Thursday, May 8, 2014

Miami Art Basel

Greetings, 8 months have passed and obviously the longest I have gone without posting. Needless to say but lots has gone on since the end of 2013 and almost the first half of 2014. Instead of covering everything Ill only cover a couple things from the last few months with these next couple of posts.

At the beginning of December 2013 I experienced my first trip to Miami and the week long of intense ...uh art, low brow, high brow, everything in between and masses upon masses amounts of Murals, graffiti, street art etc.

Let me say this first, if you've never been to Miami during Art Basel and have only heard stories and or seen photos and doesnt prepare you physically and mentally. The experience is a roller coaster of extreme highs and lows and all around wacked out levels of balance and imbalance. Dont let the lows I speak of discourage you. It is a true over stimulating storm of fucking madness. Before I went...I spoke with a couple different artists who have participated in mural painting in past years. I heard good things, great things, and depressing things. In the end, I really cannot pin point an accurate description about the entire overall experience. You really need to just go yourself and dunk your head deep into it.

I met with friend and fellow muralist and fine artist Yatika Fields and we collaborated on one wall along with Ben Angotti out of Brooklyn. I forget how long it took us on this wall but it definitely was a nice challenge. Yatika is super talented abstract painter and Ben is an awesome portrait artist.

abandoned houses and front doors got love to.

A night time shot of a section at the edge of the Wynwood district. People painting into the night and myself and few others painting a semi truck trailer project for Dynamic Events out of Denver. Thanks Goonie for that one.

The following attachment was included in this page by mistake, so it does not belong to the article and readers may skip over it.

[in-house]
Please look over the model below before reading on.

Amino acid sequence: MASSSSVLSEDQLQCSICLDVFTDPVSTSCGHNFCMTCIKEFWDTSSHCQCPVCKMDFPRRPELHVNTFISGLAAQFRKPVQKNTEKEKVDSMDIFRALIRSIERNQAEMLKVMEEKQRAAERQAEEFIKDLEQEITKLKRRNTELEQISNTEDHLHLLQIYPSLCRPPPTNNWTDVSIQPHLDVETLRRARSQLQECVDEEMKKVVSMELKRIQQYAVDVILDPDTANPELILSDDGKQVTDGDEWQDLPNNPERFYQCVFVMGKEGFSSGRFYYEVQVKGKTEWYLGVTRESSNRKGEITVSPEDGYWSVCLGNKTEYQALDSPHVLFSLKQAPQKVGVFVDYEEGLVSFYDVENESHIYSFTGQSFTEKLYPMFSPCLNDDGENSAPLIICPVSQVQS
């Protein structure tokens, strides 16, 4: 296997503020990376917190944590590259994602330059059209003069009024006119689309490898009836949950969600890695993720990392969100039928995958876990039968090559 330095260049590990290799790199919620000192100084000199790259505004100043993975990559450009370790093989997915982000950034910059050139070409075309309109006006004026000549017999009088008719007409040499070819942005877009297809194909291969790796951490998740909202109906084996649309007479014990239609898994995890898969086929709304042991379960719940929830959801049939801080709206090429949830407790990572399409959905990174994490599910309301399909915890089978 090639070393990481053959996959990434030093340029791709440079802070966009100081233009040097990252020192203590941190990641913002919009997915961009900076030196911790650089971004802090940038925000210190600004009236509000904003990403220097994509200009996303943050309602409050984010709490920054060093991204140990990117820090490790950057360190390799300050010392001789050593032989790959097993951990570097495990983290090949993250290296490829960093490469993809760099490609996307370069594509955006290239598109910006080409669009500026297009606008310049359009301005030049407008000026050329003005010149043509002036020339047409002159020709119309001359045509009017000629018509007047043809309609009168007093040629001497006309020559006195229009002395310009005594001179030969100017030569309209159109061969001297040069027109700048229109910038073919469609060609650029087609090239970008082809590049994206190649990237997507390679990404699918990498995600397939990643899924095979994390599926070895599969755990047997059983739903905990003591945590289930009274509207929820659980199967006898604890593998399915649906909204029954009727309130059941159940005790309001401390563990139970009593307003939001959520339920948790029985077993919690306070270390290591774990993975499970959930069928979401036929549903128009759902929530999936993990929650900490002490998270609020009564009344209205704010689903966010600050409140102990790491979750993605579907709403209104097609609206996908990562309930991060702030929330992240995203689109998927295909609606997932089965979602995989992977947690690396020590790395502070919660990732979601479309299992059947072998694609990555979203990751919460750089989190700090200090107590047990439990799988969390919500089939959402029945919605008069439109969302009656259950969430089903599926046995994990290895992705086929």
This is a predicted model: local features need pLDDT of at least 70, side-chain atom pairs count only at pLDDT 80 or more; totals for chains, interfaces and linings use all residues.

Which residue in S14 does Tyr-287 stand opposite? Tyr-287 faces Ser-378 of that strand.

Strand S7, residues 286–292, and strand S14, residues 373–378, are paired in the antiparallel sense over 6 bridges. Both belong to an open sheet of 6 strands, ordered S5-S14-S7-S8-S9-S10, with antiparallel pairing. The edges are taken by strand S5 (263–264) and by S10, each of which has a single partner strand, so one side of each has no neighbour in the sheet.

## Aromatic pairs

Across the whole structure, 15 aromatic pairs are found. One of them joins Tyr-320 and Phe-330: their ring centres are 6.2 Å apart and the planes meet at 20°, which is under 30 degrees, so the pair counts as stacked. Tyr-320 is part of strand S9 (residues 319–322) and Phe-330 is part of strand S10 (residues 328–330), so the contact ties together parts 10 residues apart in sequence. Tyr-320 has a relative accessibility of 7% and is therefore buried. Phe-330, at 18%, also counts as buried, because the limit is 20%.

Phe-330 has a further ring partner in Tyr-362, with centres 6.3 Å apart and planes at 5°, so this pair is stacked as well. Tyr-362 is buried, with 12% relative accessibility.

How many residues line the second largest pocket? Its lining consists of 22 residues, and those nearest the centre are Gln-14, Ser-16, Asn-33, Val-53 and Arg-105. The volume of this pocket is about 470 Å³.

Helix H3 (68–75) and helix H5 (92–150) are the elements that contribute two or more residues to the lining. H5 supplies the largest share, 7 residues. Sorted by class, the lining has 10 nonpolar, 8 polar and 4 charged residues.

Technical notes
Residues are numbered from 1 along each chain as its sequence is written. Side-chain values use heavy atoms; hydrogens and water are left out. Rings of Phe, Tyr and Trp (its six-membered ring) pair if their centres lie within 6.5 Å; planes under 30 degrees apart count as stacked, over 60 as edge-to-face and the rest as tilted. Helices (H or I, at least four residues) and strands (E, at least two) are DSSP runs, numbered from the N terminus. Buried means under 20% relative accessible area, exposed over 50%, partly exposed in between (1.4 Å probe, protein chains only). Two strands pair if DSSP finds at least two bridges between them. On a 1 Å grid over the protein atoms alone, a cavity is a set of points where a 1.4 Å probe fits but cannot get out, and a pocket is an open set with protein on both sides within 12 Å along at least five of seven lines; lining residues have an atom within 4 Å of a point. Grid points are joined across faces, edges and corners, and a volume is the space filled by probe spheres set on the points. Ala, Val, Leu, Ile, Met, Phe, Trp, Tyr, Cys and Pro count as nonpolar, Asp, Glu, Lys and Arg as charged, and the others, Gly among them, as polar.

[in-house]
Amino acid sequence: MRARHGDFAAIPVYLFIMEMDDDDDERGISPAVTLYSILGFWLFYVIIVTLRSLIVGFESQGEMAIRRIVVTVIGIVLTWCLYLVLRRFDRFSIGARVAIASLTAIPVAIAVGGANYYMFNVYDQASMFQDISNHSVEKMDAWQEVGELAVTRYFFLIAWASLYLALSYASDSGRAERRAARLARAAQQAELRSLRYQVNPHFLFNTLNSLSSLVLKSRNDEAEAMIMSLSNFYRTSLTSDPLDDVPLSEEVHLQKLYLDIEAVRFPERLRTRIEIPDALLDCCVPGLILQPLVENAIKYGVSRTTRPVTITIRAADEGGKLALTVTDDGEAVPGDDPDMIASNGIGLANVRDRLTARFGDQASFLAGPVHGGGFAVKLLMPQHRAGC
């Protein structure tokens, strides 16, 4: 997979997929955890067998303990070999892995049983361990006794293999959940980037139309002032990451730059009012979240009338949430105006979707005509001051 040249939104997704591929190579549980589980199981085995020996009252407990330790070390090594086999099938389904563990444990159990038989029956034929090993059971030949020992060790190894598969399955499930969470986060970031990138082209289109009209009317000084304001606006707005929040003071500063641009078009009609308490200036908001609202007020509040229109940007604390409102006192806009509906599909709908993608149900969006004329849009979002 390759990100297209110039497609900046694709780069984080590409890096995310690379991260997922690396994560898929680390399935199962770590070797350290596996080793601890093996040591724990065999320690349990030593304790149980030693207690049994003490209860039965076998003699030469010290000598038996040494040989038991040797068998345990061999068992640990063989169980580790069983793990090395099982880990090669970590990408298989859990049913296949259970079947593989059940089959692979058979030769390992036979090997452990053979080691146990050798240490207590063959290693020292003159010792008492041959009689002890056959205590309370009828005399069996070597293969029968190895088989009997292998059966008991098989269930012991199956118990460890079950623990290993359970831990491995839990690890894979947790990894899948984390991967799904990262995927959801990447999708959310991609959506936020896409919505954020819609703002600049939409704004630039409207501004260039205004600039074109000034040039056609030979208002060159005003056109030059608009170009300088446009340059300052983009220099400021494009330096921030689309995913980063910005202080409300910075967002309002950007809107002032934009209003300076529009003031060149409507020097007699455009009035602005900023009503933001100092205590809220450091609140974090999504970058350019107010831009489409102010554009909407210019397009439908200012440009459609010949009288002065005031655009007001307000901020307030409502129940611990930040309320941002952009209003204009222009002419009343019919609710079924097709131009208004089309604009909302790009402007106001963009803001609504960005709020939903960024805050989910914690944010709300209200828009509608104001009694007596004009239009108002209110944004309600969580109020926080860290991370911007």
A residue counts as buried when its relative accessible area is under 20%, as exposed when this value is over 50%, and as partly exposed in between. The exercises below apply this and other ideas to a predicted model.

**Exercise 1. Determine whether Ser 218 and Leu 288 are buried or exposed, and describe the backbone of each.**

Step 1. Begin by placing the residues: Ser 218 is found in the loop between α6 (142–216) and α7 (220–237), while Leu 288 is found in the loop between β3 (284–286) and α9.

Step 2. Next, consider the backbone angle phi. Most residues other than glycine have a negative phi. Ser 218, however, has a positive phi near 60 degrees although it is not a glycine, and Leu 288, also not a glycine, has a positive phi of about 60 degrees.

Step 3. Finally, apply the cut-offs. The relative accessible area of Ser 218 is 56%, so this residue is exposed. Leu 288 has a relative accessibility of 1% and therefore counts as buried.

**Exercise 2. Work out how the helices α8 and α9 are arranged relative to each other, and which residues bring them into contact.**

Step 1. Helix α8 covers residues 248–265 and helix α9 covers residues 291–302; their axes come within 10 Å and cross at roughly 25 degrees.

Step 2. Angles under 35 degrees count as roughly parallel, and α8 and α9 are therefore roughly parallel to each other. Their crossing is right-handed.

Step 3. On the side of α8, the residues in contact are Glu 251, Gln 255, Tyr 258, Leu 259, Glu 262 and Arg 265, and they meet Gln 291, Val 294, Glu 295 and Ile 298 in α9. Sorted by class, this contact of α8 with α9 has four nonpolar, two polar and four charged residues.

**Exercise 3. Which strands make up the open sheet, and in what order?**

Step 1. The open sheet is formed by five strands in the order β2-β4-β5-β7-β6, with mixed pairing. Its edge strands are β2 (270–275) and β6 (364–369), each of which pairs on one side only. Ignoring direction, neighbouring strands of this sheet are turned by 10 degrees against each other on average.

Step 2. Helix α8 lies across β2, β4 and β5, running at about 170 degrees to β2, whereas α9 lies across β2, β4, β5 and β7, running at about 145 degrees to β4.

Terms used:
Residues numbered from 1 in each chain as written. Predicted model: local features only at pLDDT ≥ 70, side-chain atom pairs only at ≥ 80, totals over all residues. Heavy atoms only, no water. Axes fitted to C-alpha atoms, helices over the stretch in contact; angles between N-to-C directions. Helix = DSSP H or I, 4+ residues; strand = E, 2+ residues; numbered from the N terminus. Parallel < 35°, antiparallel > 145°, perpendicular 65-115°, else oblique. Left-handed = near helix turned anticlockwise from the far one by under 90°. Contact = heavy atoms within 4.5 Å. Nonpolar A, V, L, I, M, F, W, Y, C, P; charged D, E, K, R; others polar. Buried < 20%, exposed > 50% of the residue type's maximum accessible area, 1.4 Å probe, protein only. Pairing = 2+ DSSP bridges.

Montana Paint

Kobra Paint

Our finished product and collaboration. Myself, Yatika, Ben.

Finished section of the Dynamic Events project. Now rolling back and forth across country setting up different events.

Next to the homie CZR from Chicago

At the end of..12 or 14 days(I cant remember) My trip came to an end. I am not posting the rest of the photos I took of all the other craziness because its enough to fill up an entire album. I am thankful for having cousins that live just north of Miami, it made my stay a lot easier as I hear its next to impossible to get a room, and if you can get a room its triple in price. Now did I have any freak out moments? No. Was I left constantly saying "Wow...what...the..fuuuuck?" Uh..yeah and thats probably an understatement. In the end Miami itself is an awesome city filled with both grime and of course the infamous south beach playground for tourists, people w money etc...if your into that sort of thing. The Wynwood arts district, the graffiti, the murals, the massive pop up art shows and galleries your an artist of some graffiti or 'street art' of any kind...get in line and get your ass out there to see what your own experience starts and ends like. The moment I returned back to Phoenix, and since...I have been constantly daydreaming and waiting for December of this year to roll around. I want another fix of endorphin overload. So bring that shit on.